This is from Serge Labesque: “The observation that you describe is a quite normal occurence at this time of year. Here is why: As you know, varroa mites reproduce in sealed cells of bee brood. Normally, they spend only a small amount of time in a phoretic phase (i.e. clinging to adult bees). This is the only time when bees can physically get rid of mites, or the only time when mites can fall to the tray, because mites are exposed then, and not inside sealed cells. Consider that mite population increases exponentially through the season to reach a maximum in the fall. This means that right now is when the number of mites is near its maximum in the hives. So, everything else being equal, you should expect to see many more mites on the trays than at any other time of the year. Furthermore, add to this that it is very likely that there is no brood in your hives right now. This means that the mites have nowhere to hide and to reproduce. So, the mites are all exposed, in the phoretic phase of their life. Consequently, the bees groom the parasites off each other, and the mites fall in large numbers. This period of the year is cleaning time for the hives, at least in respect to the varroa mites. This is why you see so many mites on the tray. Tell yourself that this is a good sign that your bees are at work, getting rid of the mites. Simply hope that they will do a thorough job, and your colonies will do fine in the spring. Do not be surprised to see a few bees with deformed wings in January. This is because the few mites that will be left in the hives will concentrate in the little brood that will be available then. You really need to give a chance to your bees to do the job on their own. Trust them. This is what I do. Understanding the dynamics behind what you observe can help reduce your worries, although we always worry about our bees. Right?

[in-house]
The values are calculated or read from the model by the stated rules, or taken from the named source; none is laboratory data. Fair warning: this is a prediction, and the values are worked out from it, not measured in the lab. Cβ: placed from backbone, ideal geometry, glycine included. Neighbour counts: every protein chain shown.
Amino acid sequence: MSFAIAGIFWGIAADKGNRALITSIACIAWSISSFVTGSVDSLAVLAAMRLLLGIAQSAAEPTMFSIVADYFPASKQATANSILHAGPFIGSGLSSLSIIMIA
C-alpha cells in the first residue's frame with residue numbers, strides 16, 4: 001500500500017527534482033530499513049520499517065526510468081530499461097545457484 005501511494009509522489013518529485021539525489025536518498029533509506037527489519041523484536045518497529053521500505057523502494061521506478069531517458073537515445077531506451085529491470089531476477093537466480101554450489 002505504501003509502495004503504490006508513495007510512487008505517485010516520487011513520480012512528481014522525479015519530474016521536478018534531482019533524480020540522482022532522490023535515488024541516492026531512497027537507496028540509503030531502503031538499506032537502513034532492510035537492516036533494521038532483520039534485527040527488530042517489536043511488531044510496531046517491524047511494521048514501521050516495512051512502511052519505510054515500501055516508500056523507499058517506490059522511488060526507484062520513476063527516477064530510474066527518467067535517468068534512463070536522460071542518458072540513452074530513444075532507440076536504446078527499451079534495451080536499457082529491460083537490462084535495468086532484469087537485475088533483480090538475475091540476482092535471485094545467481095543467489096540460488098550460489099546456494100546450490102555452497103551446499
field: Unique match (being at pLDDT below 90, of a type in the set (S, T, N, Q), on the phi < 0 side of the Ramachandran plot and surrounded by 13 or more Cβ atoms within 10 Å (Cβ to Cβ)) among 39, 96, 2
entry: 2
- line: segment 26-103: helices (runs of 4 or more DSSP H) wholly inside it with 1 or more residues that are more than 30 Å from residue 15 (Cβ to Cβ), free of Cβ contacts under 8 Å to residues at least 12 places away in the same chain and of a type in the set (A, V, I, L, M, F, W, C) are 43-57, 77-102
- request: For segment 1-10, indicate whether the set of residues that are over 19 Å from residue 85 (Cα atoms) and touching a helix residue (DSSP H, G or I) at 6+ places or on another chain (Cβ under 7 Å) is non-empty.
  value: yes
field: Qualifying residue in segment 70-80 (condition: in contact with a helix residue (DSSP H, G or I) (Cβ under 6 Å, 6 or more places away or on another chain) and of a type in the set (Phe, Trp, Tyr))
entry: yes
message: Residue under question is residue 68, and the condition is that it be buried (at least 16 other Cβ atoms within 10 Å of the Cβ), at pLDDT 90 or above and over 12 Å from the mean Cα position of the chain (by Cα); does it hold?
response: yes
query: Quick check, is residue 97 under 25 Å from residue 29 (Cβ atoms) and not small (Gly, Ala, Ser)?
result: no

Please consider not treating your colonies with powder sugar or drone brood trapping.”
This all makes sense to me except the last sentence. Why does Serge not recommend the use of powdered sugar or drone trapping? Well, obviously you can’t trap drones now because there aren’t any, but what is his argument against these practices in general? It seems to me that letting the bees “do the job on their own” is a little like letting your cats or your cows loose in the woods to see how they fare. The conditions here now are not the conditions that European honey bees evolved under and letting them fend for themselves borders on cruelty. I don’t believe in using pesticides, but a little mechanical help seems fair enough. Whether we like the idea or not, honey bee are now livestock. We have so modified them and modified their environment that the odds are overwhelmingly against them surviving without help.
Serge was one of my first mentors 18 years ago. He is a fantastic teacher. As time went by, I differed in my beekeeping ideals from him. He did not believe in winter feeding, which I do. He is a believer in survival of the fittest. I tried all natural ways of keeping bees without chemicals. Two years ago I gave into oxalic and apigard treatments. My survival rates have been so much better. I believe that MAN has made it harder on the bees through mono crops, pesticides, climate change and pollination. Therefore, MAN has to help the bees as gently as possible. According to UC Davis, powdered sugar treatments are not effective. I used to do them weekly. I believe that using powdered sugar on the open frames desiccates the open brood and should only be sifted on the tops of frames. After watching the bees in an observation hive for years, I noticed that their grooming increased with use of powdered sugar! My guess is that Serge feels powdered sugar treatment is interfering.